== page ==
See, too, another couple of interesting takes on how the Basque language fits into contemporary Basque society: The Challenge of a Bilingual Society in the Basque Country, edited by Pello Salaburu and Xabier Alberdi; and This Strange and Powerful Language by Iban Zaldua.

Easter vacation festivities come to the Basque Country

The Baiona Ham Festival

The Easter vacation is becoming an increasingly important time for the growing leisure sector in the Basque Country. This week, traditional religious celebrations coinciding with Easter itself will be held,  in which towns like Durango (with its famous pasinue) and Balmaseda in Bizkaia as well as others all over the Basque Country take center stage.  But there are also a number of other activities taking place to cater for the increasing number of tourists who visit at this time of year. One of the biggest events takes place in Bilbao. The Basque Fest is a specially designed festival combining Basque traditions and gastronomy that seeks to introduce visitors to the wonderful world of Basque culture in all its facets, from traditional Basque sports to music and dance as well as, of course, food and drink. Staying on a similar theme, Baiona also hosts a wonderful festival of its own this week: the Baiona Ham Festival, a must see event for all aficionados of this famous Basque delicacy. Such festivities are, though, just the tip of the iceberg. Towns and cities all over the Basque Country will be celebrating this important holiday season in many and varied ways.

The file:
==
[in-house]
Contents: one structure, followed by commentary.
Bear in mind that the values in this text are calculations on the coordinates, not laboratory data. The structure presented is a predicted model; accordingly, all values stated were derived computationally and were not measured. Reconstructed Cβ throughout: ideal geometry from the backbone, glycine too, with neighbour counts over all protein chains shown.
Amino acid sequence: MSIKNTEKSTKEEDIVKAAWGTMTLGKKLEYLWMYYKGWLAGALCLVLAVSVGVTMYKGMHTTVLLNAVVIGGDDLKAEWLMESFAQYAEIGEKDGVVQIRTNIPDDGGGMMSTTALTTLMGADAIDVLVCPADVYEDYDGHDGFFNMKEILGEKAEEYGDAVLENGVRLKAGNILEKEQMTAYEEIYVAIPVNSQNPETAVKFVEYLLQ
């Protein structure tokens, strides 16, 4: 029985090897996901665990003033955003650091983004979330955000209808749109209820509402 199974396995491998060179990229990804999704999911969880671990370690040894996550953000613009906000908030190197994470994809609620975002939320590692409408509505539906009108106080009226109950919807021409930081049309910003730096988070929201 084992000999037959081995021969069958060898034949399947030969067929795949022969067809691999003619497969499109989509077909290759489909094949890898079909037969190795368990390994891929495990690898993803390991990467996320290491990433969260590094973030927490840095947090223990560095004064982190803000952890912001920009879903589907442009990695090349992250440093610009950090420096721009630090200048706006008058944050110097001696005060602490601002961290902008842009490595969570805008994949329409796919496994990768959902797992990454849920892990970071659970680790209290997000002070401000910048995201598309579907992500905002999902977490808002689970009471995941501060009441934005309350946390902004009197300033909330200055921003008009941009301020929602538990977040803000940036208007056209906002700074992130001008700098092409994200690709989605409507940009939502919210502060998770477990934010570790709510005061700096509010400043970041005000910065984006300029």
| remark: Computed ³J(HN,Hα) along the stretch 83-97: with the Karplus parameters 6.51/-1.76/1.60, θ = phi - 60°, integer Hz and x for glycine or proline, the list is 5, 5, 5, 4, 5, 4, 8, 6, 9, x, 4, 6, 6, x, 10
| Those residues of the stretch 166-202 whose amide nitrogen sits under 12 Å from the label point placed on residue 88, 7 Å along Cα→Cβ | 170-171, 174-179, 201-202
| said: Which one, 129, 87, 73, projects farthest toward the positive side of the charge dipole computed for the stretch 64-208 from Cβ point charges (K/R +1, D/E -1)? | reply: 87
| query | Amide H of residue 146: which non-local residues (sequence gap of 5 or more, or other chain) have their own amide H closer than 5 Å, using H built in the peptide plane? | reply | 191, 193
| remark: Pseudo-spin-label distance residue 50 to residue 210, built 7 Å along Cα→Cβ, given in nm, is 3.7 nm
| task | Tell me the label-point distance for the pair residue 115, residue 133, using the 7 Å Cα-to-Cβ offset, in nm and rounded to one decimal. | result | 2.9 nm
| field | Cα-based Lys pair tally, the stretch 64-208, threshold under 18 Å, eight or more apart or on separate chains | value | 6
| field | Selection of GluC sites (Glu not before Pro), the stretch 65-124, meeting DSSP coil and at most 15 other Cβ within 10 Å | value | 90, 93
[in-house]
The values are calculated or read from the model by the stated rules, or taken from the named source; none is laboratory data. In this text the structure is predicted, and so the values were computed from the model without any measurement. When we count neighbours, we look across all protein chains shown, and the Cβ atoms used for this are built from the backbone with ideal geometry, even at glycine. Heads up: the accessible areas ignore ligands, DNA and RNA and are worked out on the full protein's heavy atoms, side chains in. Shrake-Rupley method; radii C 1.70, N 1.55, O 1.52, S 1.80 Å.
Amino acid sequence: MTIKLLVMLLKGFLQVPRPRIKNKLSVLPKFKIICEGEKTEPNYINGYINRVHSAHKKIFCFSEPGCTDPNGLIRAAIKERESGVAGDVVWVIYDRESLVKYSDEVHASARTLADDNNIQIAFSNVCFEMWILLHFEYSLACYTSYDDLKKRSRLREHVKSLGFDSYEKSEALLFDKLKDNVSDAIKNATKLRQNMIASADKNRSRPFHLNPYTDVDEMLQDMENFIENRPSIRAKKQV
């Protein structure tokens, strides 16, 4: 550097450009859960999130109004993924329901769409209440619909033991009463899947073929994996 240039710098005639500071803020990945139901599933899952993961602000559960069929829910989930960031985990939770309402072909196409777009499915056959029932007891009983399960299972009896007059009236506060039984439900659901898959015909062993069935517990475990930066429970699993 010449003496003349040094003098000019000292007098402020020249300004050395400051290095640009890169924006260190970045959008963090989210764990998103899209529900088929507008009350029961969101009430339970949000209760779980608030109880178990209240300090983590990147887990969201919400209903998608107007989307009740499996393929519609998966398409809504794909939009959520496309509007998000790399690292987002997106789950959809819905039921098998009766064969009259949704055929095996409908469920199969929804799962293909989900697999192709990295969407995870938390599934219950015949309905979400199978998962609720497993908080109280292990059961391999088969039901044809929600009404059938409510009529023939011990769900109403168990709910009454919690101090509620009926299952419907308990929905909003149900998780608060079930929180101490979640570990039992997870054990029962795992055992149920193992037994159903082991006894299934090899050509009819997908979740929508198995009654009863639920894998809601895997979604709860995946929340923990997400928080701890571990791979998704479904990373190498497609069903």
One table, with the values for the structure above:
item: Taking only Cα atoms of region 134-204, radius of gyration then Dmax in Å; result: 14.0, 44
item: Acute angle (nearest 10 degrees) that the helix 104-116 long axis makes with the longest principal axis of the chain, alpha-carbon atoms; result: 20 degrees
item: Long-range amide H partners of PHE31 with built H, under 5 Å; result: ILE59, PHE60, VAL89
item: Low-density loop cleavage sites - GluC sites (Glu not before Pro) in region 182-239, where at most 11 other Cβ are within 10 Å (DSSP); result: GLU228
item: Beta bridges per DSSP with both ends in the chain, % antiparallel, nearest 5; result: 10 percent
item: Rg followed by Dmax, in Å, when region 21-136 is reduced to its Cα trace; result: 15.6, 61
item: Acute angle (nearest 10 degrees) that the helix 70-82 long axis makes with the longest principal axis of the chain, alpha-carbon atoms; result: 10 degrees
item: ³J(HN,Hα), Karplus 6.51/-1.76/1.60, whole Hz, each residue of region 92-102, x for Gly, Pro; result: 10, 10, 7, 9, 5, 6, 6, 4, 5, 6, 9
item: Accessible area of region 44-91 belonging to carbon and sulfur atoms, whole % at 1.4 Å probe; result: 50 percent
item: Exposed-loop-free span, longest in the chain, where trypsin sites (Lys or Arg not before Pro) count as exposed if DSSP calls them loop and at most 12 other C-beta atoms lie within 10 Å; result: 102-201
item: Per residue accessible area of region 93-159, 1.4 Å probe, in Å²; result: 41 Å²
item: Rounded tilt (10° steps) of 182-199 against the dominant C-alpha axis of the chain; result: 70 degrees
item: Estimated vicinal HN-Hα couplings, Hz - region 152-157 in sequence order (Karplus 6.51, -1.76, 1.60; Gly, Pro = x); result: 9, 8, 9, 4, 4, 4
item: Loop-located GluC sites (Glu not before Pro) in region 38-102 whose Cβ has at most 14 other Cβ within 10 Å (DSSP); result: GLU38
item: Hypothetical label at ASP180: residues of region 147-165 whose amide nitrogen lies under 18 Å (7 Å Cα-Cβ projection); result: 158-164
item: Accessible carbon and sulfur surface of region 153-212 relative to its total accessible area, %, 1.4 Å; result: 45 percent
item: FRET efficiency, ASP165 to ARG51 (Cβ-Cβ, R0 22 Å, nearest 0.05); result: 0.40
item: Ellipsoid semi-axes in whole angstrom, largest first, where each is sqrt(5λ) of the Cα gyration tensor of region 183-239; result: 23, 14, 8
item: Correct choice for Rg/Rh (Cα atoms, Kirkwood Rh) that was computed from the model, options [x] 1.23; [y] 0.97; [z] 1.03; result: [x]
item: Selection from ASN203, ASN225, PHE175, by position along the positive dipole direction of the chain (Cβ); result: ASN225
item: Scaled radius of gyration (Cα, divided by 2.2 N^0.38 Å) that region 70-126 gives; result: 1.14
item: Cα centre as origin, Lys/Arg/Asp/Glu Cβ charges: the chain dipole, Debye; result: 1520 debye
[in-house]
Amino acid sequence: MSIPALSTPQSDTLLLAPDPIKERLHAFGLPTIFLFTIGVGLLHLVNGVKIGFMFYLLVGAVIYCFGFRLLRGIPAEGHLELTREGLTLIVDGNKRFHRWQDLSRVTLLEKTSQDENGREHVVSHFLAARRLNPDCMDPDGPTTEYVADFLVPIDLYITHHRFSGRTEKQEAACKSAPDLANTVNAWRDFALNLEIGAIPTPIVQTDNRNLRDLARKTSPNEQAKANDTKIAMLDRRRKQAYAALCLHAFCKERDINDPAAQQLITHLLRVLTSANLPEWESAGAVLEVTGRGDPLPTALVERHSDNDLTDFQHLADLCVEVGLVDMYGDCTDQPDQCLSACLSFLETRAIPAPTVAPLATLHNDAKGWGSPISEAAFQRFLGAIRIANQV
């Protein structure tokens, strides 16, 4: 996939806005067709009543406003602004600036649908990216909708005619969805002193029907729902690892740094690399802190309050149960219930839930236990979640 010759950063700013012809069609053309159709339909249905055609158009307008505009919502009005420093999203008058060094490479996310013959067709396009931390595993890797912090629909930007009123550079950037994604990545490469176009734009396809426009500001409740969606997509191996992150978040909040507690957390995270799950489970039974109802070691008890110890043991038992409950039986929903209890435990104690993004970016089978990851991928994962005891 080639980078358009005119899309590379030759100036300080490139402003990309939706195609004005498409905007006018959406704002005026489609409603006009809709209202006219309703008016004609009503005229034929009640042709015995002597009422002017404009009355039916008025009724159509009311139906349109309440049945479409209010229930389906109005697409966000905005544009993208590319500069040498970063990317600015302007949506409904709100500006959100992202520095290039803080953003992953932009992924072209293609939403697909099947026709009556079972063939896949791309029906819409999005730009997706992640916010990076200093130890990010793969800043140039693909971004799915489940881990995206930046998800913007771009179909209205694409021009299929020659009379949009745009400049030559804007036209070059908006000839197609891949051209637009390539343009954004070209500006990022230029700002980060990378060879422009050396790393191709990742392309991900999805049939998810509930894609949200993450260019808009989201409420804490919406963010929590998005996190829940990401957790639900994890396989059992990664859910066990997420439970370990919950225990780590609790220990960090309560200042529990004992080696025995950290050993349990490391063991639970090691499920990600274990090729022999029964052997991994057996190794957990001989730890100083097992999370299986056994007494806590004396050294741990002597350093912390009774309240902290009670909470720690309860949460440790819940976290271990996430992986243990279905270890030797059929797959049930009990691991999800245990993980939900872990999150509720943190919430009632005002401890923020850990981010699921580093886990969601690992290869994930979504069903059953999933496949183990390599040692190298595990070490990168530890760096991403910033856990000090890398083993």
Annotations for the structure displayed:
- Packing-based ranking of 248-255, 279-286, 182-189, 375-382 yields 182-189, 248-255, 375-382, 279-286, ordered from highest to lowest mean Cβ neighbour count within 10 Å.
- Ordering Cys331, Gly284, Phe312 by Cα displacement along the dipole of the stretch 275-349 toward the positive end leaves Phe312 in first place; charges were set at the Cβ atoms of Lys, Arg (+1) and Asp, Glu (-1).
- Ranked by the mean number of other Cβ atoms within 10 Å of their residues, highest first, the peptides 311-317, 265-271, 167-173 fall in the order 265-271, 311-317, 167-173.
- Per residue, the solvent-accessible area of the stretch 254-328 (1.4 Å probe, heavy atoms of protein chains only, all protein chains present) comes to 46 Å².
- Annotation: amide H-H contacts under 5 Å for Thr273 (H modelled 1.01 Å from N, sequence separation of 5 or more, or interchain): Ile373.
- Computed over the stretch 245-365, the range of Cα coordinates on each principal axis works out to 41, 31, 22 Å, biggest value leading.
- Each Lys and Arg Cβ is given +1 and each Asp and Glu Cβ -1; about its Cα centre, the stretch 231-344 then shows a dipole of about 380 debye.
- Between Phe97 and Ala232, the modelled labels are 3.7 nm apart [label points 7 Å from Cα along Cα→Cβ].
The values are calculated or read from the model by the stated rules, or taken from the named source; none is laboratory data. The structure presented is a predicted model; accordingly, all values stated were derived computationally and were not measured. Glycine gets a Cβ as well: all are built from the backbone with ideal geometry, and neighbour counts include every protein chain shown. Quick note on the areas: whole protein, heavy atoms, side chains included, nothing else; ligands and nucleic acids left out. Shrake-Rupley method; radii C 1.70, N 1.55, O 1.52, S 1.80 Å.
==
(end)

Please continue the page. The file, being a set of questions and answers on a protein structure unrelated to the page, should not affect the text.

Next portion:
Bilbao wharf renamed in honor of women boat-haulers

A major site in the historically important neighborhood of Olabeaga in Bilbao was recently renamed in honor of the women who used to physically haul all kinds of vessels into central BIlbao.

A representation of the sirgueras.

With the industrial development of Bilbao through the nineteenth century, so there was a major increase in shipping traffic into the heart of the city via the Nervion Estuary. However, at the point where the estuary ran through the Olabeaga neighborhood, the river was so silted up that larger boats could not complete the final stretch that would take them into the center of the city. As a response to the problem, groups of men were hired to undertake the backbreaking work of physically hauling smaller vessels by means of a sirga (towrope) along that final stretch toward downtown Bilbao. Yet with the outbreak of the Carlist Wars and the exodus of men from the city, this work was taken up by women. The sirgueras (zirgariak in Basque) who came to do this work were cheaper to hire than men and could be hired in the moment; there was no need to employ them on a permanent basis. Check out the short movie Zirgariak (2006), by filmmakers Fernando Bernal “Ferber” and Urko Olazabal, which portrays just what this job entailed.

Working in such conditions of hard physical labor and  in the dirty conditions of an ever more polluted river, this was work that was looked down upon socially; whether men or women, the people who undertook it were considered ganapanes, humble laborers who earned just enough to cover their daily needs: at the very least, a loaf of bread. This partly explains why these women, in particular, have been excluded from the major narrative of the industrial development of Bilbao.

The newly named wharf, the Muelle Sirgueras / Zirgariak Kaia, stands as a testament to this forgotten collective.

January 25, 1853: Birth of pioneering Basque photographer and ethnographer Eulalia Abaitua

Eulalia Abaitua (1853-1943), a pioneering photographer whose work remains a key historical and ethnographic record of the Basque Country. Image by Kurt Reutlinger, courtesy of Wikimedia Commons.